Compared to Malaysia, there are very, very few birds around the places we've visited so far, and also compared to my memories of the UK ten years ago. Of course, the season doesn't help, nor the fact that it gets dark in mid-afternoon, but still - the birdlessness is quite an unpleasant shock!
One of the few birds that still visits my parents' bird feeder - a European Goldfinch. Even Robins, House Sparrows and Starlings are tough birds to see these days it seems.
A visit to my old favourite haunt, Lowestoft, was another shock. Enormous wind turbines have sprung up, even in the sea, and an industrial estate now sits inland of Ness Point. This was one of a small flock of Meadow Pipits sheltering in the lea of the seawall.
What I was really looking for was some Purple Sandpipers, which used to frequent the seaweed-covered breakwaters. Eventually I found a couple, unfortunately rather distant on a couple of groynes.
At this point the course of our day was drastically altered by my wife falling heavily onto the concrete seawall, smashing her face up pretty badly and fracturing her left wrist. The rest of the day was spent experiencing the primitive services of Great Yarmouth hospital A & E. It made us glad to be living in Malaysia!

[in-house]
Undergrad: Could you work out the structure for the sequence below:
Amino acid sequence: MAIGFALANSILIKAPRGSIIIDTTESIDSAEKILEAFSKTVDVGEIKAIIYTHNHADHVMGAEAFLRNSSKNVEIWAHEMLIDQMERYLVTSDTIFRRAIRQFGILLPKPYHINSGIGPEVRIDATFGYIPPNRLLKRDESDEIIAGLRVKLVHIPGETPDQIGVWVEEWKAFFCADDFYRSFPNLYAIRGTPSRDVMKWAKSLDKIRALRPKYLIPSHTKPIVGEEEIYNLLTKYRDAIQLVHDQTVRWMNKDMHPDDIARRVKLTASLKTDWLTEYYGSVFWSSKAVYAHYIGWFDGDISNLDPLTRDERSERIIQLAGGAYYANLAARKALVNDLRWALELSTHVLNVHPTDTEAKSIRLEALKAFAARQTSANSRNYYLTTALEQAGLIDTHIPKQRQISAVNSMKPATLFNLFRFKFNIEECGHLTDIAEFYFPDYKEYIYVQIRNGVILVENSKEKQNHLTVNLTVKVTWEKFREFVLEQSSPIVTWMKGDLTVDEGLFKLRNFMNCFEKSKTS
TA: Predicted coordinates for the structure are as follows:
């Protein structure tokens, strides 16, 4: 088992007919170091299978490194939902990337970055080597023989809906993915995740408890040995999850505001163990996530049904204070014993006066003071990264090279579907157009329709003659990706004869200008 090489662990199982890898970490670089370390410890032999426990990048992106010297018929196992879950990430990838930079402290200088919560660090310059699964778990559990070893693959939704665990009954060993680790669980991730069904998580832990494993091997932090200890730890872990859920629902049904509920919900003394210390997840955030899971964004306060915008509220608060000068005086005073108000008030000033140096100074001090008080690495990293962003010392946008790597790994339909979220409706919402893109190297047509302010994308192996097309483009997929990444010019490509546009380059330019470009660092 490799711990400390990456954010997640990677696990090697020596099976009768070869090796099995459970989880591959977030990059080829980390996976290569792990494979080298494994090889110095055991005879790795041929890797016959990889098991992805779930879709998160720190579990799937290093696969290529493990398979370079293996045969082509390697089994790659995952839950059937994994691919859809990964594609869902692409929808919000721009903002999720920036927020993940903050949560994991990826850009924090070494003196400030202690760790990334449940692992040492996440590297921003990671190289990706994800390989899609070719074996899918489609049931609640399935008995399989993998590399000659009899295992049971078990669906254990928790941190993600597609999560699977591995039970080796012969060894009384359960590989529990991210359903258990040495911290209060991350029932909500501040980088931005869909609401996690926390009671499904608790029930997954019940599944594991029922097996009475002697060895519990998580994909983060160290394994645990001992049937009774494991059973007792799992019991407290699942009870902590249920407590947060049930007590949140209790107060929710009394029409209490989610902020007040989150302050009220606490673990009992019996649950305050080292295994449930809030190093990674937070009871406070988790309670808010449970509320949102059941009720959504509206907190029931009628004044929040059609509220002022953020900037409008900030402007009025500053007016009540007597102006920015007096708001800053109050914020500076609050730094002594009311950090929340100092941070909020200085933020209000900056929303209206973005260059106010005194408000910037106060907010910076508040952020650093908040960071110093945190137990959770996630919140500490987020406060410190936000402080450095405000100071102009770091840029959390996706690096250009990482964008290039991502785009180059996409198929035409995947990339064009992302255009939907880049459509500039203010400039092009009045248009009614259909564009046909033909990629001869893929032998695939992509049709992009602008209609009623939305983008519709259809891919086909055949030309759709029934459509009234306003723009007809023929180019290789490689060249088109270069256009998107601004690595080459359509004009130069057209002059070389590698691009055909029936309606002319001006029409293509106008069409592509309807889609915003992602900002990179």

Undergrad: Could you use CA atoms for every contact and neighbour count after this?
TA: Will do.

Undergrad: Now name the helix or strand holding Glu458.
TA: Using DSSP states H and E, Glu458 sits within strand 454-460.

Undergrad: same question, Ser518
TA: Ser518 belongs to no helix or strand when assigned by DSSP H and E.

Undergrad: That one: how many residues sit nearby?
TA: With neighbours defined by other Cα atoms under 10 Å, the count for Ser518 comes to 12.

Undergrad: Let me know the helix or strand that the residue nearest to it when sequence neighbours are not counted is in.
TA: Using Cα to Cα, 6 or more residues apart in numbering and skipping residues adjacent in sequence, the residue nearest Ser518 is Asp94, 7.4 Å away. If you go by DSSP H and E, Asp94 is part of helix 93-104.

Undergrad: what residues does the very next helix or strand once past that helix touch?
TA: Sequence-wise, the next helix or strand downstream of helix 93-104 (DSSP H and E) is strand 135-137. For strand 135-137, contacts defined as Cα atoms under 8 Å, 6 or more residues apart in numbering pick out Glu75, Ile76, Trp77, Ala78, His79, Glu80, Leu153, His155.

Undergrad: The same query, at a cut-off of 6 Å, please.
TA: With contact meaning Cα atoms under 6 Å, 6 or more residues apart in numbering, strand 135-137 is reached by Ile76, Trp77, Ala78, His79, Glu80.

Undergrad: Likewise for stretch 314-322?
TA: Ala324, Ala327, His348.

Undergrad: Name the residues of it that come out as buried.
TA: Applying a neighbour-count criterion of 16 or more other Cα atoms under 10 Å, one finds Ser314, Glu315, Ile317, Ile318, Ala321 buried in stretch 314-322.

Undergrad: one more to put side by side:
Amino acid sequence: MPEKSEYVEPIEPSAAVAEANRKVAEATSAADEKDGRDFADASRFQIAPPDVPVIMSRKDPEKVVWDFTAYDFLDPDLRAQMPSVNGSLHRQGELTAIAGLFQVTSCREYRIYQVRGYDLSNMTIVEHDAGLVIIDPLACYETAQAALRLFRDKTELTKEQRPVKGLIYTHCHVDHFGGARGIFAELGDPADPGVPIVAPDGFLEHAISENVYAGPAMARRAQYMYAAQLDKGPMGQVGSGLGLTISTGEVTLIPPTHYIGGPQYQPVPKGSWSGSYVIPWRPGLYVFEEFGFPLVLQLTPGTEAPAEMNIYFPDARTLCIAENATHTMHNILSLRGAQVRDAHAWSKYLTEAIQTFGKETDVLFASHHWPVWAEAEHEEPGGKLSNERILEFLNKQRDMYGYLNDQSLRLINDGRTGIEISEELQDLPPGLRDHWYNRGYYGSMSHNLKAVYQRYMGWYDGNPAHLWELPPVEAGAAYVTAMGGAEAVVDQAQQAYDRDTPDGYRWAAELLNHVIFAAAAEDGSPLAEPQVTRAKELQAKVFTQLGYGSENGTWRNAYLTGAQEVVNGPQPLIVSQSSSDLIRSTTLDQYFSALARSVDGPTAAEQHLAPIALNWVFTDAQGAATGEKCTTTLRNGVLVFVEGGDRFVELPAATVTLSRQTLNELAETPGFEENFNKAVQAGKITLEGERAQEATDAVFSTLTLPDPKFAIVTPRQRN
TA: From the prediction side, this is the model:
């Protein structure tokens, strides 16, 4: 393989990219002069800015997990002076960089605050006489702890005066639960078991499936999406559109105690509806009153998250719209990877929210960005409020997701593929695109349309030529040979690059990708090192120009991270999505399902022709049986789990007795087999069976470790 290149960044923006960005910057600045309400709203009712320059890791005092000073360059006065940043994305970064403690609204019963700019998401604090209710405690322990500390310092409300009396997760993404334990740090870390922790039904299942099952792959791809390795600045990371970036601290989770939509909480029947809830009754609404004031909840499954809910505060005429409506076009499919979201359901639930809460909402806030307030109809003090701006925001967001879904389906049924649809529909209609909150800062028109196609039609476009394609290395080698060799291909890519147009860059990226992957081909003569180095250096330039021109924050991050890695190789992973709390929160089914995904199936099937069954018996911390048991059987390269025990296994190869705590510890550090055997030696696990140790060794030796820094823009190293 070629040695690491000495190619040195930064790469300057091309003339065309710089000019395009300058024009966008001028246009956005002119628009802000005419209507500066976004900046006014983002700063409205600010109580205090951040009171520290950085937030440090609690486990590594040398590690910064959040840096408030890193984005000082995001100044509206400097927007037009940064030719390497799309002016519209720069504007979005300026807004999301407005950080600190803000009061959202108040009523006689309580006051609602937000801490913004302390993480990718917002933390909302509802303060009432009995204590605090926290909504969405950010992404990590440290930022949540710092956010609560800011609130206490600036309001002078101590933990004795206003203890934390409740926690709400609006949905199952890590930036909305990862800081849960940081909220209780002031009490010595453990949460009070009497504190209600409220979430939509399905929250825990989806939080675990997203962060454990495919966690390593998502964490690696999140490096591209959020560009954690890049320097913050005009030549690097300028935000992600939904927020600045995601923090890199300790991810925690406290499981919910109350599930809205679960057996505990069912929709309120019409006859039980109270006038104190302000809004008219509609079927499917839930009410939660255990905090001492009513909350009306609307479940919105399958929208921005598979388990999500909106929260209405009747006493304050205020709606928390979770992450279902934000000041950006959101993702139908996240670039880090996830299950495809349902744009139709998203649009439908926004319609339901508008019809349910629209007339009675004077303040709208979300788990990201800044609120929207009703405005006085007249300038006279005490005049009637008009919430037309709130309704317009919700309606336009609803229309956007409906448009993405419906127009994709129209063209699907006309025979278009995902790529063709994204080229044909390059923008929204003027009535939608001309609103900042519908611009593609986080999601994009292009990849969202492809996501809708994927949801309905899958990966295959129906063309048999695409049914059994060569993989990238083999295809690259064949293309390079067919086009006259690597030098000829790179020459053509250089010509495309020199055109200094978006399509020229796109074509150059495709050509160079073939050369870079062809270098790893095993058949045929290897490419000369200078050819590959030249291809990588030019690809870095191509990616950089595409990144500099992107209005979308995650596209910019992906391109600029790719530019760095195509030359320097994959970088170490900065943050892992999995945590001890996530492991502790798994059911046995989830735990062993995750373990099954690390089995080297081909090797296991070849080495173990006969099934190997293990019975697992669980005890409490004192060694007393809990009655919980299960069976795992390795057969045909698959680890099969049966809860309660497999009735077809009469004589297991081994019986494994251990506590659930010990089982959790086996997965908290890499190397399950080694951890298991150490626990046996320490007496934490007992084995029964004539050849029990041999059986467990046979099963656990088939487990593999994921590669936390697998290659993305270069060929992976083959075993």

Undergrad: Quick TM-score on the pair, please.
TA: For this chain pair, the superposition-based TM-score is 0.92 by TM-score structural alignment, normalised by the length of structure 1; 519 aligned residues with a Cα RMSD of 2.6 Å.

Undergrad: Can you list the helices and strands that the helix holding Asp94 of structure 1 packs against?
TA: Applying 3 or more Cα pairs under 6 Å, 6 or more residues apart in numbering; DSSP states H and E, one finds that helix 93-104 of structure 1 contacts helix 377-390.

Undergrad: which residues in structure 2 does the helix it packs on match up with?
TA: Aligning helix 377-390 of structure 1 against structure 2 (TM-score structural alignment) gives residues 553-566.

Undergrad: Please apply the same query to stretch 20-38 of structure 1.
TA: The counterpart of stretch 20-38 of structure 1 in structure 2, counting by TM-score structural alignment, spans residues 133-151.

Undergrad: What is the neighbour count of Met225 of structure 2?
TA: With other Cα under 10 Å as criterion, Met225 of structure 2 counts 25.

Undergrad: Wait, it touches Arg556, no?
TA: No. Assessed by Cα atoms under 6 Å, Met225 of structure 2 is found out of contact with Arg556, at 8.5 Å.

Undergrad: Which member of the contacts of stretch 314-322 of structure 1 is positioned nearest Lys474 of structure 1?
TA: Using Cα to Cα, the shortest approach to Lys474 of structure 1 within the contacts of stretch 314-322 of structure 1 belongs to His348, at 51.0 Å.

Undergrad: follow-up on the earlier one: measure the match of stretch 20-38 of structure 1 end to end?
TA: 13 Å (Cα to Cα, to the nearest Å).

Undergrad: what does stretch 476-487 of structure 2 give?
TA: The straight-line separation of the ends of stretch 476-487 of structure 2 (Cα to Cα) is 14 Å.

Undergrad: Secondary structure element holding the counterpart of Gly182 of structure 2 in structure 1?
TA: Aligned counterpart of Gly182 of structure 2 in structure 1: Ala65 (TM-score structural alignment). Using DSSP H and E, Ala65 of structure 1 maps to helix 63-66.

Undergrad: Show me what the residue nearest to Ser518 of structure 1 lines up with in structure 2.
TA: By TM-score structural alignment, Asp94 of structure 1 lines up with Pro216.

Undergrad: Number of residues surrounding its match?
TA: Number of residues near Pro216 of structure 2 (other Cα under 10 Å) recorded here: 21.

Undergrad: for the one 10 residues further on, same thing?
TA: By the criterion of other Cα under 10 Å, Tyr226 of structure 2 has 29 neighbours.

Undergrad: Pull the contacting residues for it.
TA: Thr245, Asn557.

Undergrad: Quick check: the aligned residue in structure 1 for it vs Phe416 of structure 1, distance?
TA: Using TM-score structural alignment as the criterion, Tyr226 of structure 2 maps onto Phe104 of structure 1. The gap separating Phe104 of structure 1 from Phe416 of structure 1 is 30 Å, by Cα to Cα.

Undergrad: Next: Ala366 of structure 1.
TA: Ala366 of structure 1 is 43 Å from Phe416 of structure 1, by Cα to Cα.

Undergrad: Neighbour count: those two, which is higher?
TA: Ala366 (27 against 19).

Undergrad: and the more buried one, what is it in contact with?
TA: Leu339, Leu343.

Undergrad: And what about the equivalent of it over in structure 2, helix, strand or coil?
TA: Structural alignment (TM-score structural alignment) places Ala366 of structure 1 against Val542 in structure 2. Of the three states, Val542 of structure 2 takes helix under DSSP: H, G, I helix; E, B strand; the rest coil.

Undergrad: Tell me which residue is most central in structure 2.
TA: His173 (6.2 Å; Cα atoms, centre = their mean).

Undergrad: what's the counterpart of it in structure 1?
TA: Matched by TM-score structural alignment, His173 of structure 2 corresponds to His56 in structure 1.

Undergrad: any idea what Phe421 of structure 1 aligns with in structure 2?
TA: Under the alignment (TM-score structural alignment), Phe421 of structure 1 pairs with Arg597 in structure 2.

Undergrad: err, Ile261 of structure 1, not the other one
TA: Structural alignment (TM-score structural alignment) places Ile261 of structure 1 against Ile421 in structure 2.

On our way to and from regular appointments at the outpatients department of the Norfolk and Norwich University Hospital, we came across a 500-strong flock of European Golden Plovers.
I gave them a good going over but was not able to pick out any Pacific or American Golden Plovers among them. Not an easy job, with the birds being rather distant and huddled down in the furrows of the field, trying to keep as much out of the wind as possible!
In flight, European Goldies differ from both American and Pacific Goldies in having white axillaries and underwing coverts as opposed to grey. It wasn't so easy to distinguish the true colour of the underwings from the effects of shadow in the strong low sunlight.
Once the flock took flight, they spend ages flying around before deciding it was safe to land again.
Watching the flock twist and turn, flashing dark and light like a shoal of fish, was a brilliant sight!
From above, they have a more obvious white wingbar than American or Pacific.
Coming in to land again.